In 1997, a new species of iridovirus was reported in infected small grouper larvae (1.0-1.5cm) (Kasornchandra and Kongpradit, 1997). Infected fish were observed to have darkened pectoral fins and caused lower mortality (20-30%) than the earlier one. Isolation in EPC (epithelioma papulosum cyprini) and GF (grouper fin) cells was successful, this virus had a bigger diameter (220-240nm). Transmission of the disease can be accomplished by intra-peritoneal injection and cohabitation of viral cells.
The outbreak of Blister disease has been observed in fingerling groupers since 1988. Infected fish exhibit an initial loss of appetite, followed by blisters appearing on the body surface and a complete refusal to feed towards the end.
Even the blister disease cause a small daily mortality. Natural infection may cause mortality of 60-80% within a month.
Treatment : Kongpradit et al. (1997) reported that this disease is caused by an icosahedral shaped iridovirus, 140-160nm (in diameter). Isolation of the virus in GF (grouper fin) and EPC cells was possible. Pathogenecity was successful through waterborne transmission of cultured virus. Infected fish showed signs within 5 days after infection and the onset of mortality occurred. Mortality rates of experimental transmission as high as 100% were reached within 10 days.
It is generally recognized that many diseases in fish culture are often associated with stress. Stressed fish can easily be infected with disease-causing agents and this affects growth. The following tips may minimize stress on fish and prevent disease outbreaks:
- Observe any unusual swimming behavior of the fish, especially during dawn and late afternoon. Fish gasping for air usually indicates low levels of dissolved oxygen. Should this happen, thin out stocks by transferring some of them into another compartment.
- Weak fish, i.e. individuals refusing to “school ” with other fish and ythose observed as lowing balance while swimming, should be separated from healthy stocks immediately. Stocks found to have sudden loss of appetite and with red “spot-like” wounds on the skin and fish are likely to have a bacterial infection. Use Povidone-iodine, commercially known as “Betadine solution” at 15 parts per million for 5-10 minutes for 3 alternative days, as an affective treatment for bacterial infection. Methylene blue can be used for swabbing. Transfer treated fish to a new compartment.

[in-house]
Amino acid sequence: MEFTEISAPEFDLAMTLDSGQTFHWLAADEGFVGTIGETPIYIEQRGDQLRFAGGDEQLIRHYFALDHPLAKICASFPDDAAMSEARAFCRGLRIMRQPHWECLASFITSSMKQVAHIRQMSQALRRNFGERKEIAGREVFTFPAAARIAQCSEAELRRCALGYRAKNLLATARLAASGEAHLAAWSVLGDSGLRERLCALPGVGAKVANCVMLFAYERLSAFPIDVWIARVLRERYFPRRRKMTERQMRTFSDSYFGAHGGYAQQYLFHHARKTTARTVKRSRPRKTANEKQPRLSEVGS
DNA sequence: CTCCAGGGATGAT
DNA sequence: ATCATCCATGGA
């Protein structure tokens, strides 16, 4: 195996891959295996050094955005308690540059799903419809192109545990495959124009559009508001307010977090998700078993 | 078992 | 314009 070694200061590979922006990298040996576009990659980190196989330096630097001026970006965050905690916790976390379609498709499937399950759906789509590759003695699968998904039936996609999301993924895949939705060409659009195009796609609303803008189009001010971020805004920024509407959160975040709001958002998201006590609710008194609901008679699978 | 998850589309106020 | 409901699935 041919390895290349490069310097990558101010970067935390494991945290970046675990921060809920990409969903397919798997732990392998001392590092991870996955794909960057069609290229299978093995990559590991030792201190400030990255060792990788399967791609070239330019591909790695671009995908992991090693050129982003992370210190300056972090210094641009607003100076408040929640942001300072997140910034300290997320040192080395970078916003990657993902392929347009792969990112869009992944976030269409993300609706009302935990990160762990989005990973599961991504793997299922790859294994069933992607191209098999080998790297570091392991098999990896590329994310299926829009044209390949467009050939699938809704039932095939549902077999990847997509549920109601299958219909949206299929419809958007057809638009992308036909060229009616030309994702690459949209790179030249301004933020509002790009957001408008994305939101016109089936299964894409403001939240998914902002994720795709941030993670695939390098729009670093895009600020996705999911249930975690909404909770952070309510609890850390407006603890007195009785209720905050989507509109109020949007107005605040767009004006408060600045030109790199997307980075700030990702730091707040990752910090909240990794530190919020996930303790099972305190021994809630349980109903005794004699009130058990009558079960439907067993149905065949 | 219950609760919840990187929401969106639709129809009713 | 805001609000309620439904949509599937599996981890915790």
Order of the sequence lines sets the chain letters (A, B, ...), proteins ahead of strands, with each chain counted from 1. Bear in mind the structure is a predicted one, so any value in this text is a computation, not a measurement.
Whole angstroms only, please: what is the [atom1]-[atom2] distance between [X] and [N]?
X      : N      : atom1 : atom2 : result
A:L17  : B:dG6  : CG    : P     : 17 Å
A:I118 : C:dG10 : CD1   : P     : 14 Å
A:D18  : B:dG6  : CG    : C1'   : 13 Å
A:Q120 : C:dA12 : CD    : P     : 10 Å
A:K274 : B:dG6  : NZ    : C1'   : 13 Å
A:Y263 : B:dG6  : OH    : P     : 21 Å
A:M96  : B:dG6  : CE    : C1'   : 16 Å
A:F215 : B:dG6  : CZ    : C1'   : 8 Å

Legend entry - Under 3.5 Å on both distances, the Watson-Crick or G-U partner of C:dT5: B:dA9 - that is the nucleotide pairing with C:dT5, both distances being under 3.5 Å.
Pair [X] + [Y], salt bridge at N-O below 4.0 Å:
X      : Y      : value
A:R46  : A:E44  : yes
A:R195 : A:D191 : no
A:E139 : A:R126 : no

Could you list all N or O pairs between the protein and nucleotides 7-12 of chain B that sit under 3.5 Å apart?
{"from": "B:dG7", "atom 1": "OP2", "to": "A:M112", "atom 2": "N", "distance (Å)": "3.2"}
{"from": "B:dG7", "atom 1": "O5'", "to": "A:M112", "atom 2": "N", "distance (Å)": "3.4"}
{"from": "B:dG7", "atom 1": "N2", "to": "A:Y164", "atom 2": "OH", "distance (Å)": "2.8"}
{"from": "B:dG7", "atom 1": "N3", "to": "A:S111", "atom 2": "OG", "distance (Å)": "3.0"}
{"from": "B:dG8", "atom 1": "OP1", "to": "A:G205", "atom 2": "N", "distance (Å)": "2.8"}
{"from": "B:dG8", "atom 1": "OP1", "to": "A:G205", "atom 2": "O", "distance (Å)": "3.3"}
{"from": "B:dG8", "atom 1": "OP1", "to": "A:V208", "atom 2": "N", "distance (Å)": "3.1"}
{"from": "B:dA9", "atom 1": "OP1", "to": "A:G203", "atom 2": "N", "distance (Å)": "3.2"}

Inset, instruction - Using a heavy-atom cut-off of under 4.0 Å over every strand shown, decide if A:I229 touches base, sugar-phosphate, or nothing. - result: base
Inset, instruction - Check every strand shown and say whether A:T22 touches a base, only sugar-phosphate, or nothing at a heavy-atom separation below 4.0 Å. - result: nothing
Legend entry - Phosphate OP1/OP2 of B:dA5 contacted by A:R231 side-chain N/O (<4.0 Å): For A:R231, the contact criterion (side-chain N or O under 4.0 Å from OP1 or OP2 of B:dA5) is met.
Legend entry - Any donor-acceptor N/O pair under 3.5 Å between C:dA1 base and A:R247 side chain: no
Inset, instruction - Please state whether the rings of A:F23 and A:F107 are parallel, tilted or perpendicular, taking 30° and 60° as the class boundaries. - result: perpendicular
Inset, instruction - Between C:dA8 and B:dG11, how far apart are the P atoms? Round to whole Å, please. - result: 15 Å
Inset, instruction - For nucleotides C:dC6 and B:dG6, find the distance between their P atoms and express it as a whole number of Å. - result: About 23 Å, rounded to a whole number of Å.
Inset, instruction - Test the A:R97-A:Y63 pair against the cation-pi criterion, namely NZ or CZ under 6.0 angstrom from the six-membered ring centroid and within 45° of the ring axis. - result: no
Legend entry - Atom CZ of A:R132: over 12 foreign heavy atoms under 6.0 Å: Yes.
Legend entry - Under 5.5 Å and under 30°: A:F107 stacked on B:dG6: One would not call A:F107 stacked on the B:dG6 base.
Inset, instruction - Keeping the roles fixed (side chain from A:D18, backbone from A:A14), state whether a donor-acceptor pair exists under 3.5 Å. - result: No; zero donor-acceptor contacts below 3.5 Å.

- Maintain a distance of 1m between compartments to ensure easy and continuous water flow and maintain ideal water quality for the fish.
Starve the fish 24 hours before harvesting. Harvest depends on the demand of the local and export market.
Scoop live marketable size grouper (400 g and up) from the cages. Hold grouper temporarily inside the conditioning tank and provide aeration for about 1-2 hours. Adjust water temperature gradually to 180° C by adding packed ice. Place 3-5 fish an oxygenated double sheet plastic bag, with water at 3-5 cm or at least covering the nostrils of the fish. Place crushed ice on top of the plastic bags to maintain the water coolness during the transport.
Place 3-5 fish in oxygenated double sheet plastic bag, with water at 3-5 cm or at least covering the nostrils of the fish. Place crushed ice on top of the plastic bag to maintain the water coolness during the transport. Place plastic bags inside the square Styrofoam box (30 cm x 30 cm x 20 cm) with a cartoon cover having a tag “live fish” and then ready
source: DA – BFAR RF8, Tacloban City
Leave a comment
- How to Make Organic Insect Repellant
- Technology for Making Coco Methyl Ester (CME) Or Biodiesel
- Guide to Pineapple Queen Growing (in Filipino), Part 4
- Guide to Pineapple Queen Growing (in Filipino), Part 3
- Guide to Pineapple Queen Growing (in Filipino), Part 2
- Guide to Pineapple Queen Growing (in Filipino), Part 1
- How to Make Mushroom Burger for your Foodcart Business
- Home-Based Business: Making Beaded Curtain Tassels
- Growing Kaong (Sugar Palm), Other Uses
- Growing Kaong (Sugar Palm) Primer
- How to Make Crispy Squid Rings
- How to Make Smoked Cuttle Fish
- honeyjane fernandez on Starting a Drugstore or Pharmacy Business
- Julieta T.Tsuda on Beer and Softdrinks Dealership
- Daisy Ferrer on Tricycle, Jeepney, Taxi and FX Operation
- leo ryan bayang on Growing Grapes in the Philippines, Growing Management
- leo ryan bayang on Growing Grapes in the Philippines, Primer
- migel on Growing Grapes in the Philippines, Primer
- Ben Orozco on Guide to Proper Feeding of Hog/Swine
- Ben Orozco on How to Grow Bell Pepper (High Value Crops)
- jay on Financial Literacy 101 (Tips & Terminologies)
- edwin on Growing Grapes in the Philippines, Primer